(401) 456-8000

©2019 by The Anchor Newspaper. Proudly created with Wix.com

Celebrating Genocide?

Kyra Garabedian, Anchor Staff

As we return to our Monday classes this week, we can’t help but admit how nice it was to start last week with a holiday. The Fall semester contains a couple of Monday holidays observed by Rhode Island College (RIC) that are widely accepted as federal holidays such as Labor Day and Veterans Day. However, last week we observed Columbus Day, a holiday not widely accepted by everyone in the United States. 
To many Americans, Columbus Day is just another day off. We know who Columbus is and were probably taught the rhyme about him sailing the ocean in 1492, discovering America. What most of us don’t know are the true atrocities committed by Columbus and how much this can upset some Americans today. 
According to the Providence Journal, protests against Columbus Day have been occurring since 1992. Many citizens of the United States who identify as Native American believe it’s wrong to celebrate Christopher Columbus for destroying the lives of their ancestors. Many Native American advocates now refer to Columbus Day as Indegionous People’s Day to take the emphasis off Columbus and commemorate Native Americans who lost their lives. 
The Christopher Columbus statue in Providence, located at the corner of Elmwood and Reservoir was vandalized to make a statement of the upset in celebrating this Federal Holiday. The statue was coated in red paint from head to toe, appearing to look like blood. It was also accompanied by a plaque stating “Stop celebrating genocide.” This act has drawn attention to the debate over whether Columbus day should be celebrated in the United States. It has certainly prompted me to reflect on my own opinions about the holiday, as I likely wouldn’t have without the news of this visual protest.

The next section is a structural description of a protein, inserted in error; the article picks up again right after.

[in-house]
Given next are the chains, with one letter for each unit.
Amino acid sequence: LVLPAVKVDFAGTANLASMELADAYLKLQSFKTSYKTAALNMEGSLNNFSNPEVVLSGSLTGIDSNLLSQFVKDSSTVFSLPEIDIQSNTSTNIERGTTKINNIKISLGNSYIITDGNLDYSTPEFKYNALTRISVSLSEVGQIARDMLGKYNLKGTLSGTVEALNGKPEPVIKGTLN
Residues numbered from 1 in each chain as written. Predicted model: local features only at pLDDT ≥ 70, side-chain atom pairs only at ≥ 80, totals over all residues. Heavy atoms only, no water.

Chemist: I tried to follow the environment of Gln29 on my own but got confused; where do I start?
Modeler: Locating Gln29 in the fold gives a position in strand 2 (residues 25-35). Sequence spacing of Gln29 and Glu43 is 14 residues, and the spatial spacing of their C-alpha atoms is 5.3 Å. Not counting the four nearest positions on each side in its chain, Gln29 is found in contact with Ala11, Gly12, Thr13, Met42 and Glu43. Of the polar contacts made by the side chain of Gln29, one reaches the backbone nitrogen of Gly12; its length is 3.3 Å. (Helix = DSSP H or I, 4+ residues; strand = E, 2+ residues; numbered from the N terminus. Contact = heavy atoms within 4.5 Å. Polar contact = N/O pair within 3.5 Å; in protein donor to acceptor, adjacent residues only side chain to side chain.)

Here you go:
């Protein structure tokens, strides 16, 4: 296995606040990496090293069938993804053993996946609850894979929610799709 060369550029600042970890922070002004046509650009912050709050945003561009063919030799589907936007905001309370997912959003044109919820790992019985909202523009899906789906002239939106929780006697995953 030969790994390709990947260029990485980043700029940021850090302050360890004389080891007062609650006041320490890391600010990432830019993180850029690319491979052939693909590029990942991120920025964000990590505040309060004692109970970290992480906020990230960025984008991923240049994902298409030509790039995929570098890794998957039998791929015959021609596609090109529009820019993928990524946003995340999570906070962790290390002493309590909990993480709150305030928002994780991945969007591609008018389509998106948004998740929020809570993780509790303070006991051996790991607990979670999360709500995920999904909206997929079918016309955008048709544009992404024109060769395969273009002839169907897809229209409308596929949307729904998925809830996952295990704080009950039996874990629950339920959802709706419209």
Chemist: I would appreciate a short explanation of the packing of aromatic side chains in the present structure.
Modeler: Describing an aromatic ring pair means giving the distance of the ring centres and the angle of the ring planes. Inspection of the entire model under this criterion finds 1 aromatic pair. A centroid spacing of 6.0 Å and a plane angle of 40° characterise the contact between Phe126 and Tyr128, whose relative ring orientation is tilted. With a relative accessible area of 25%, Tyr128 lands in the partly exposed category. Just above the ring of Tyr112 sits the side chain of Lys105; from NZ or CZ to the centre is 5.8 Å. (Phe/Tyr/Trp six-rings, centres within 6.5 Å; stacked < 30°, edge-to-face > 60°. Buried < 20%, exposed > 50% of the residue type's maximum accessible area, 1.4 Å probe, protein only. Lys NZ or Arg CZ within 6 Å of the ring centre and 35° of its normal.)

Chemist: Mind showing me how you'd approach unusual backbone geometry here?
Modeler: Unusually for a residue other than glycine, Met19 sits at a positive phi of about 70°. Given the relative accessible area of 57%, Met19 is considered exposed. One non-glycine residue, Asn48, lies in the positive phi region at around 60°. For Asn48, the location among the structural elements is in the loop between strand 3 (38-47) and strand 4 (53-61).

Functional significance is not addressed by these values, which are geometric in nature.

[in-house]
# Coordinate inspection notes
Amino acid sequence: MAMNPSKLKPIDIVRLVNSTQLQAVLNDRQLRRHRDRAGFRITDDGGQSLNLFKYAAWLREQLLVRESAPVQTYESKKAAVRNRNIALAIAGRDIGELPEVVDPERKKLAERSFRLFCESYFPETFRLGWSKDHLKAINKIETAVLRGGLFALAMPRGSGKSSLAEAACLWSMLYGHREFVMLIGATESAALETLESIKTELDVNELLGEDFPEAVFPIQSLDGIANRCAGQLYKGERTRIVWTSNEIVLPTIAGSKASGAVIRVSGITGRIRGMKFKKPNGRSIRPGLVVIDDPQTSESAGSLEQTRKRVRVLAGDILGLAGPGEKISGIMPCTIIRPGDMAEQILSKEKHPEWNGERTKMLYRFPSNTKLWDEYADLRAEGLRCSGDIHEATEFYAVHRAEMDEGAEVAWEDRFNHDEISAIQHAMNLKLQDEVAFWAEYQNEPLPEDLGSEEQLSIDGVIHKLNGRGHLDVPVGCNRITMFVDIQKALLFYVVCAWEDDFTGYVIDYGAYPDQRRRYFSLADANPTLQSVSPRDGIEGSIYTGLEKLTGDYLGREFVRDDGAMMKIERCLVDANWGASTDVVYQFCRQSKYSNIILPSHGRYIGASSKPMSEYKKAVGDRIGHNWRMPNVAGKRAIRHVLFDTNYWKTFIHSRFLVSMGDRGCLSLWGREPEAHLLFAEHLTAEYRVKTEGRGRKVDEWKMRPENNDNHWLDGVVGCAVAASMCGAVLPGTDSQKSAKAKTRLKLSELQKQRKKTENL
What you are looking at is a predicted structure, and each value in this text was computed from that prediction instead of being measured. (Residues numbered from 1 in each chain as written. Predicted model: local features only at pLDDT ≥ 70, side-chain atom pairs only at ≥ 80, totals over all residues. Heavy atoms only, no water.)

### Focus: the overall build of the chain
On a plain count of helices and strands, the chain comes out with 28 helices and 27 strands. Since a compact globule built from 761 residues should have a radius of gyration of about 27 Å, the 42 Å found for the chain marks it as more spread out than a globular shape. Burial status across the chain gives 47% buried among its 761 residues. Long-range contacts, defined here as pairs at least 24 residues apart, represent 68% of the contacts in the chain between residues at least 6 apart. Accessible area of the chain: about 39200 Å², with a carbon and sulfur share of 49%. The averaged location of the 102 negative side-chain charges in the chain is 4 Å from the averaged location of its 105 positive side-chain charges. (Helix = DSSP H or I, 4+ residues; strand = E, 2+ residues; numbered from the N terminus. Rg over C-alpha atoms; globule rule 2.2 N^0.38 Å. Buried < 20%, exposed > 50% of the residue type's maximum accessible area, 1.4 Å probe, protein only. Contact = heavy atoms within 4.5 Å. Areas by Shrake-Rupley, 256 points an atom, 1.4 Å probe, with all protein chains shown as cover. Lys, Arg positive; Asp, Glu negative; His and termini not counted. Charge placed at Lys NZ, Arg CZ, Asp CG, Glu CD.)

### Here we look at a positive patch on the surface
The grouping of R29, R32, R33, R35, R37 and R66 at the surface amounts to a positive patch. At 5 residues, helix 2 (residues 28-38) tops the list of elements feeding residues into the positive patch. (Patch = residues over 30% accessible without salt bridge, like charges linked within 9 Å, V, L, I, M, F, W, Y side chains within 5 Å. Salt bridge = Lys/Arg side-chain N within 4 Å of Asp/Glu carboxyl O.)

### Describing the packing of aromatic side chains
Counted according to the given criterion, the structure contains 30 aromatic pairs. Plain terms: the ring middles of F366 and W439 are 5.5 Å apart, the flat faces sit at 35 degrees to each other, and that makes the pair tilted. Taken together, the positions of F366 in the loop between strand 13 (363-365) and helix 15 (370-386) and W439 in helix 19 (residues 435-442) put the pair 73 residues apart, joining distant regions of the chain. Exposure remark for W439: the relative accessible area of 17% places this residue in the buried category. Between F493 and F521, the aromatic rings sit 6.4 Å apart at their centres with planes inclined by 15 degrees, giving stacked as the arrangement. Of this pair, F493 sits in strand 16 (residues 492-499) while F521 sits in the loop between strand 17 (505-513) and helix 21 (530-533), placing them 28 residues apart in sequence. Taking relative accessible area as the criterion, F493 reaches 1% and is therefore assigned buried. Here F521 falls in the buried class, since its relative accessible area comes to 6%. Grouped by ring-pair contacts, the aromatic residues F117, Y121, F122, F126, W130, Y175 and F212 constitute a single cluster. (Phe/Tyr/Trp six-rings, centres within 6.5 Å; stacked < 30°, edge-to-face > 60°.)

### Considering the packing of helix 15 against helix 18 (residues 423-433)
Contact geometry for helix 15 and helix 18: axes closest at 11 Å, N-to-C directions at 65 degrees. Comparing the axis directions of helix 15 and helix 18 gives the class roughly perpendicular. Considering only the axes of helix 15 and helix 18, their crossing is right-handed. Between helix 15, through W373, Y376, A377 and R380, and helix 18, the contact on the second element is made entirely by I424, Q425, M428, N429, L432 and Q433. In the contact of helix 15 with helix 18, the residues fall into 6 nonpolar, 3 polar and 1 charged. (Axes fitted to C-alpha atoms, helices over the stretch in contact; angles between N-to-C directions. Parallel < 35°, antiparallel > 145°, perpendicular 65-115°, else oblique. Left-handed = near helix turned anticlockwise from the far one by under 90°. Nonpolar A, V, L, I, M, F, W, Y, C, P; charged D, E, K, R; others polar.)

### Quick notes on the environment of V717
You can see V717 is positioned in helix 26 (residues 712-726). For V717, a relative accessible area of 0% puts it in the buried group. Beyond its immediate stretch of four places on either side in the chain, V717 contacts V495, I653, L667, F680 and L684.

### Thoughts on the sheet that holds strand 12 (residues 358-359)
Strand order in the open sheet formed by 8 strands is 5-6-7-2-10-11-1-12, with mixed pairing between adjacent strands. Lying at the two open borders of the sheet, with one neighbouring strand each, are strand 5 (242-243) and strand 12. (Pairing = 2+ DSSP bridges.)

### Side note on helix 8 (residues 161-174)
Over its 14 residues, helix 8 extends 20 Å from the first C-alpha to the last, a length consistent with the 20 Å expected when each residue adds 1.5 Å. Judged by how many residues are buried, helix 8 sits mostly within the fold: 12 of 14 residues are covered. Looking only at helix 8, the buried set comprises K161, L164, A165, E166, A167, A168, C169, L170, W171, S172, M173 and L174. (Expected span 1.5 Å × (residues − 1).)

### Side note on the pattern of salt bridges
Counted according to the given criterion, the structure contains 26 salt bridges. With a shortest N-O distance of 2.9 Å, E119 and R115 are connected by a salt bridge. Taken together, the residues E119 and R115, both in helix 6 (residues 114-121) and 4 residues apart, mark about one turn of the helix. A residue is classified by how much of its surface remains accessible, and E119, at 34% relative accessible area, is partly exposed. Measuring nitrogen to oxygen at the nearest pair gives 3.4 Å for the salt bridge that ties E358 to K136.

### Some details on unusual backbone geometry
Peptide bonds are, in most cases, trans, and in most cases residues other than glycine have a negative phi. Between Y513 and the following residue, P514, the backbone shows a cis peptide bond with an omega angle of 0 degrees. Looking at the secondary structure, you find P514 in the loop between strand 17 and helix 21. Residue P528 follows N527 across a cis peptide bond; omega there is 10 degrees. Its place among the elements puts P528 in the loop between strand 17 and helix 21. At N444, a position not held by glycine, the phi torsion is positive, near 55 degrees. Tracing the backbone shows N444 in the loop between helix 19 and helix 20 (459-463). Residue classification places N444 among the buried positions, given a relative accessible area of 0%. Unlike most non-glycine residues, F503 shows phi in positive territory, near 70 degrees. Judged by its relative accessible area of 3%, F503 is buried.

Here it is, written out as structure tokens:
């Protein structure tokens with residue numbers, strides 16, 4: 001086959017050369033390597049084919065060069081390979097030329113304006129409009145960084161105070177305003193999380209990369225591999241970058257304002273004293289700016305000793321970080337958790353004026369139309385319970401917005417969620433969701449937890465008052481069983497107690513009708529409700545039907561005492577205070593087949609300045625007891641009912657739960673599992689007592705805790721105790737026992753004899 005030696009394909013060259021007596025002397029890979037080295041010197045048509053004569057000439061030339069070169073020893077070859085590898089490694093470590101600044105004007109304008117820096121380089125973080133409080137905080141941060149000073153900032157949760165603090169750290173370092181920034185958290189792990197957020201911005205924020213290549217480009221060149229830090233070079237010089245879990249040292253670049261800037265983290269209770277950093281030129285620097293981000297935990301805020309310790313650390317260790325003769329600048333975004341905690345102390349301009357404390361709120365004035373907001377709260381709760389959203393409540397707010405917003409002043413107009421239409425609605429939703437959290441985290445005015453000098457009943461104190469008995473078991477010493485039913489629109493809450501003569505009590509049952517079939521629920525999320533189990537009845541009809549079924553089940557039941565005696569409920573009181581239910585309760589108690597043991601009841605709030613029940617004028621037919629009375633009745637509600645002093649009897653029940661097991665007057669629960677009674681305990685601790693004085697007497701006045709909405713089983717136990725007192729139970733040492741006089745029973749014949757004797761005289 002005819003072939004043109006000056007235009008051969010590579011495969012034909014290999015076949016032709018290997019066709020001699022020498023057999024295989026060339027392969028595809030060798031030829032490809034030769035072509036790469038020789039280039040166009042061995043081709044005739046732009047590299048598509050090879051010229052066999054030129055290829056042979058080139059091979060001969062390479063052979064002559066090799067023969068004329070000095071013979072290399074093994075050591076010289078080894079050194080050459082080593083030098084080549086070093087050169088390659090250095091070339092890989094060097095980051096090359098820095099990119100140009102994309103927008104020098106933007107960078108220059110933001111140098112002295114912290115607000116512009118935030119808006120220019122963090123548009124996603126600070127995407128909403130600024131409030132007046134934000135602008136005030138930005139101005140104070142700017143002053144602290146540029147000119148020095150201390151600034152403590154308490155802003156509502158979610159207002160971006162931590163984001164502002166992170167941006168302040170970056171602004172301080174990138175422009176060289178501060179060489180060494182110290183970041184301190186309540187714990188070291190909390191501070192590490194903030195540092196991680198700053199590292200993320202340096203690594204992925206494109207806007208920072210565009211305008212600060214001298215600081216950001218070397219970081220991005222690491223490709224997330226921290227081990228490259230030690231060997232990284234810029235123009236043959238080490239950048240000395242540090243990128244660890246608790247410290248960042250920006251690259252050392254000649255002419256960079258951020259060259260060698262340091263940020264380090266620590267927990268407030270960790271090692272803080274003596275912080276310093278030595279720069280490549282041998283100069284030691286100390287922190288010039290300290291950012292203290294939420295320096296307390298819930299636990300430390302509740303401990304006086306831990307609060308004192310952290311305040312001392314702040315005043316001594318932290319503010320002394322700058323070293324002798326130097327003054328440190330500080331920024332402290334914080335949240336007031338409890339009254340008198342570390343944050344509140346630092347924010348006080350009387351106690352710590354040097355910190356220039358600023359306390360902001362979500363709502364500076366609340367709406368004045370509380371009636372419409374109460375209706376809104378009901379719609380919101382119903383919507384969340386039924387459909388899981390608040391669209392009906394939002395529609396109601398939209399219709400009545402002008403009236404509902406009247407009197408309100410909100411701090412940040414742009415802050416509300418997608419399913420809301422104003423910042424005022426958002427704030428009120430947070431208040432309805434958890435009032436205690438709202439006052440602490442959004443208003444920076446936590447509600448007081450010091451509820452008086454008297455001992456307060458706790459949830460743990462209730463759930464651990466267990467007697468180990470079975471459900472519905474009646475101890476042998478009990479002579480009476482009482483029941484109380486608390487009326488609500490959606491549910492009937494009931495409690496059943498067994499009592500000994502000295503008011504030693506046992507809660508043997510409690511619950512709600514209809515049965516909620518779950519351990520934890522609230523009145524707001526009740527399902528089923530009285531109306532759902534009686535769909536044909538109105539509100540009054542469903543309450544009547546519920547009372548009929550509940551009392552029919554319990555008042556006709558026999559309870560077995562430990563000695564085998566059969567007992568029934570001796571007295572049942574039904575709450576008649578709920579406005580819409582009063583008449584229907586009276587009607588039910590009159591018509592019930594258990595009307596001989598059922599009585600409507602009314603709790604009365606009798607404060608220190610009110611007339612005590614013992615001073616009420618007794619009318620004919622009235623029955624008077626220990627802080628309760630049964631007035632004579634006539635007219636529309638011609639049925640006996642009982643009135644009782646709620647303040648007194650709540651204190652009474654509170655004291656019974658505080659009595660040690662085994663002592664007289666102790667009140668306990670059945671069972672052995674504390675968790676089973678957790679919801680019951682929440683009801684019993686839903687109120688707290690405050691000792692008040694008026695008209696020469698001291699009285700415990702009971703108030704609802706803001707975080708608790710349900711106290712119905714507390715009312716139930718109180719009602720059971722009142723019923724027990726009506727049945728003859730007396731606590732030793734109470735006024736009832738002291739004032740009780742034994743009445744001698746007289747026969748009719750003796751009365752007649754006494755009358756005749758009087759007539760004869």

The United States 2018 Census reports that one percent of Rhode Island’s total population (10,573 people) identify as Native American. In my opinion, not even the smallest percentage of people should feel upset about the celebration of a Federal holiday. The observance of Columbus Day celebrates the voyage of Christopher Columbus to America as he discovered the land for the first time. However, this land was already discovered and occupied by it’s natives. To Native Americans, Columbus Day is a reminder of when their ancestors were either slaughtered or forced to conform to Christianity at the hands of Christopher Columbus.
Not every college in Rhode Island chooses to observe Columbus Day. Perhaps this is in an attempt to respect the opinions of those who find the celebration of this holiday to be repugnant. I’m not saying I believe RIC should not observe Columbus Day; however, I do think the administration should consider the perspectives of all students.